As we already know, an electromagnetic wave in free space undergoes transverse oscillations, meaning that the electric and magnetic vectors of the wave lie in a plane perpendicular to the direction of motion of the wave. The direction of this electric vector determines the polarization state of a given wave. This can be written as
where the wave is linearly polarized in the -direction.
Now let us consider the case of two waves of the same frequency propagating in the same direction (in our case, in the x-direction) whose electric vectors are orthogonal to each other. Since the two waves have orthogonal field components, they are independent of each other and can therefore have independent phases and amplitudes. These can be superimposed to give an equation for the overall electric field component
From this more generalized set-up, we are now prepared to understand the various forms of polarized waves. Now let and and , and let us set . We can now rewrite our general plane wave equation from above as
By dividing out the amplitude and applying the double angle formula, you get
With some rearranging, this then gives
By squaring and summing these equations, and setting , we finally get
which is the equation for an ellipse! We have now defined the polarization ellipse.
For specific values of and , the polarization ellipse takes on special forms.
If , then we will have vertical linear polarization. If , then we will have horizontal linear polarization. This maps to the Stokes Q plane.
If and , then the light will be linear polarization. This maps to the Stokes U plane.
If and , then the light will be circularly polarized. If is advanced by , then the light will be right circularly polarized. If is advanced by , then the light will be left circularly polarized. This maps to the Stokes V plane.
In all other cases, the light will be elliptically polarized.
Methods of Polarization
When light strikes a surface, its vertical elements will get refracted into the surface while its horizontal elements will reflect off of the surface. Therefore, reflection leads to linear polarization of the light.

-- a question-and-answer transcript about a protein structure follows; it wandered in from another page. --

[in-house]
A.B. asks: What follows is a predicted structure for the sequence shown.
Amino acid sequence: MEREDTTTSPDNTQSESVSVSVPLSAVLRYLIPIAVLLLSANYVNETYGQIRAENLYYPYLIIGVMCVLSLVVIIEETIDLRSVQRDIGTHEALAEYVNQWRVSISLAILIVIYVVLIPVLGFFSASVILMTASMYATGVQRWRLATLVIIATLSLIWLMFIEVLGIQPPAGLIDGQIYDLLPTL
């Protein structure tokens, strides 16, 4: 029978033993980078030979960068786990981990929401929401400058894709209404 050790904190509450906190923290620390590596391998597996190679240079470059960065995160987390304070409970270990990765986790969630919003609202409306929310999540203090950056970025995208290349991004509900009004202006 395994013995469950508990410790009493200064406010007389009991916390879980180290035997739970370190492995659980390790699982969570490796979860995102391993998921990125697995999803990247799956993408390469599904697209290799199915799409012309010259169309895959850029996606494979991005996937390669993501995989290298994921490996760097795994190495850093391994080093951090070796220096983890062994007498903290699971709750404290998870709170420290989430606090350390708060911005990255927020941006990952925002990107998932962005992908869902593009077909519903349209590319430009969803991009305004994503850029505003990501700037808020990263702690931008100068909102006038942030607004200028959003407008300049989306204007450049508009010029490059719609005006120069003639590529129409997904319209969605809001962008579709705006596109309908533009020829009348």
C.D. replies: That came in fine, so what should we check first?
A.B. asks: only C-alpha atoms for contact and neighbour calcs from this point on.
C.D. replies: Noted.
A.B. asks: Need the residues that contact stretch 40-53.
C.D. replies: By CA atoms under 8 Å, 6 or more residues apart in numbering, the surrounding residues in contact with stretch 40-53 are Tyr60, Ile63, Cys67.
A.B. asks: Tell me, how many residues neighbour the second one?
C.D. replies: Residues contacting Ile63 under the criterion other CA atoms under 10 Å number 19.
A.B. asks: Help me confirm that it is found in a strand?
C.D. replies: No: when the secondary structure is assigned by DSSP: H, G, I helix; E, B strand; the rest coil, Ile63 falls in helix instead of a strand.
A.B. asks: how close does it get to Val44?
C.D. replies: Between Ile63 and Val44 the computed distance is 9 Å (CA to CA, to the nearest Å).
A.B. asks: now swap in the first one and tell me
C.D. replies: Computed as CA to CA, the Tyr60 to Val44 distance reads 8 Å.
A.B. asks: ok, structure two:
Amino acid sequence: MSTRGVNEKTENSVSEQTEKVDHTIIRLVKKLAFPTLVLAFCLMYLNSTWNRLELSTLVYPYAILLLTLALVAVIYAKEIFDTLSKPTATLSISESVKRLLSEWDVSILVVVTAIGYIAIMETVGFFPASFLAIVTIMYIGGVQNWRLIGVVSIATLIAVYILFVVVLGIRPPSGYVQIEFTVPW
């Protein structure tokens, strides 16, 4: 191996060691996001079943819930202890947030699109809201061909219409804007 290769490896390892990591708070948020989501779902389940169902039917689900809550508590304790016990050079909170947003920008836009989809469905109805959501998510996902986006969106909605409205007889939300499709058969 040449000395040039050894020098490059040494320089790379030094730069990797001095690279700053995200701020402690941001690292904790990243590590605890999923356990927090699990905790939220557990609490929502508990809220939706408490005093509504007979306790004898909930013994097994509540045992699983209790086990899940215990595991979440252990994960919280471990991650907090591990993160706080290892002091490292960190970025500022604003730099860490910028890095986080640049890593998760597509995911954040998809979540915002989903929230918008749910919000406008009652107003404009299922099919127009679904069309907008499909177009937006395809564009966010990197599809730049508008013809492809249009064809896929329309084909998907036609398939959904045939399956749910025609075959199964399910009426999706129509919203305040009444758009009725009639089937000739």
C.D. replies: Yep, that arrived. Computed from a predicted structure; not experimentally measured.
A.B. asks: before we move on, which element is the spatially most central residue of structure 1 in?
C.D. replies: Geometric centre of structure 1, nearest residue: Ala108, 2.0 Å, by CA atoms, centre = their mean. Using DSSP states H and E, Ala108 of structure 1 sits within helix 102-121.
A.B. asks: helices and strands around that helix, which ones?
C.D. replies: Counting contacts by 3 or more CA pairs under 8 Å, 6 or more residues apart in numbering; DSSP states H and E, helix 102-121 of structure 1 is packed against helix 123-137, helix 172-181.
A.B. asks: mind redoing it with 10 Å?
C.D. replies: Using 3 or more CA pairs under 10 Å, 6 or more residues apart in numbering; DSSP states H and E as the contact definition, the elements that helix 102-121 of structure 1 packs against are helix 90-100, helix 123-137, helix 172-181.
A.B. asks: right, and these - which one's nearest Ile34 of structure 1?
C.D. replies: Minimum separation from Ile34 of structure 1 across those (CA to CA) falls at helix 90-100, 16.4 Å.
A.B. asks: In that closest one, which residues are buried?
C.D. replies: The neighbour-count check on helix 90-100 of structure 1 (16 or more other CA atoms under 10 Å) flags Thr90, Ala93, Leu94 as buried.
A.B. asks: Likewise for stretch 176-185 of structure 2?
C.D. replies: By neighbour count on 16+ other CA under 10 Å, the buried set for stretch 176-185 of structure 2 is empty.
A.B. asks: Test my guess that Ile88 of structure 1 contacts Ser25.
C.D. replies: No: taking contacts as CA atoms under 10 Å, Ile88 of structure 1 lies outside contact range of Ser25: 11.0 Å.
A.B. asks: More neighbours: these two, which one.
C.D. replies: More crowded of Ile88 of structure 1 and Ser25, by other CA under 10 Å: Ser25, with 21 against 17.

During a scattering interaction, the incoming light vibrates the scattering particles. This vibration causes the particle to act as an antenna, and re-radiate light that is polarized perpendicular to the original wave. This is why Earth’s blue sky is partially polarized – even though the original light from the Sun is unpolarized, the scattering interactions in the atmosphere lead to partial linear polarization of the light!
Polarizing absorptive filters work by absorbing one component of polarization while transmitting the perpendicular component. The intensity of the transmitted light then depends on the the relative orientation of the polarization direction of the incoming light and the polarization axis of the filter. These are made from dichroic materials – materials which have different absorption for perpendicular polarization modes, the most common of which is polaroid material, used in the manufacturing of polarized lenses for sunglasses.
Polarization often arises due magnetic fields. For instance, the presence of a magnetic field can cause one component of an electric field to lag. This leads to a rotation in the phase of linearly polarized light. This phenomenon is called Faraday rotation. Also see Cyclotron and Synchrotron polarization and Zeeman splitting.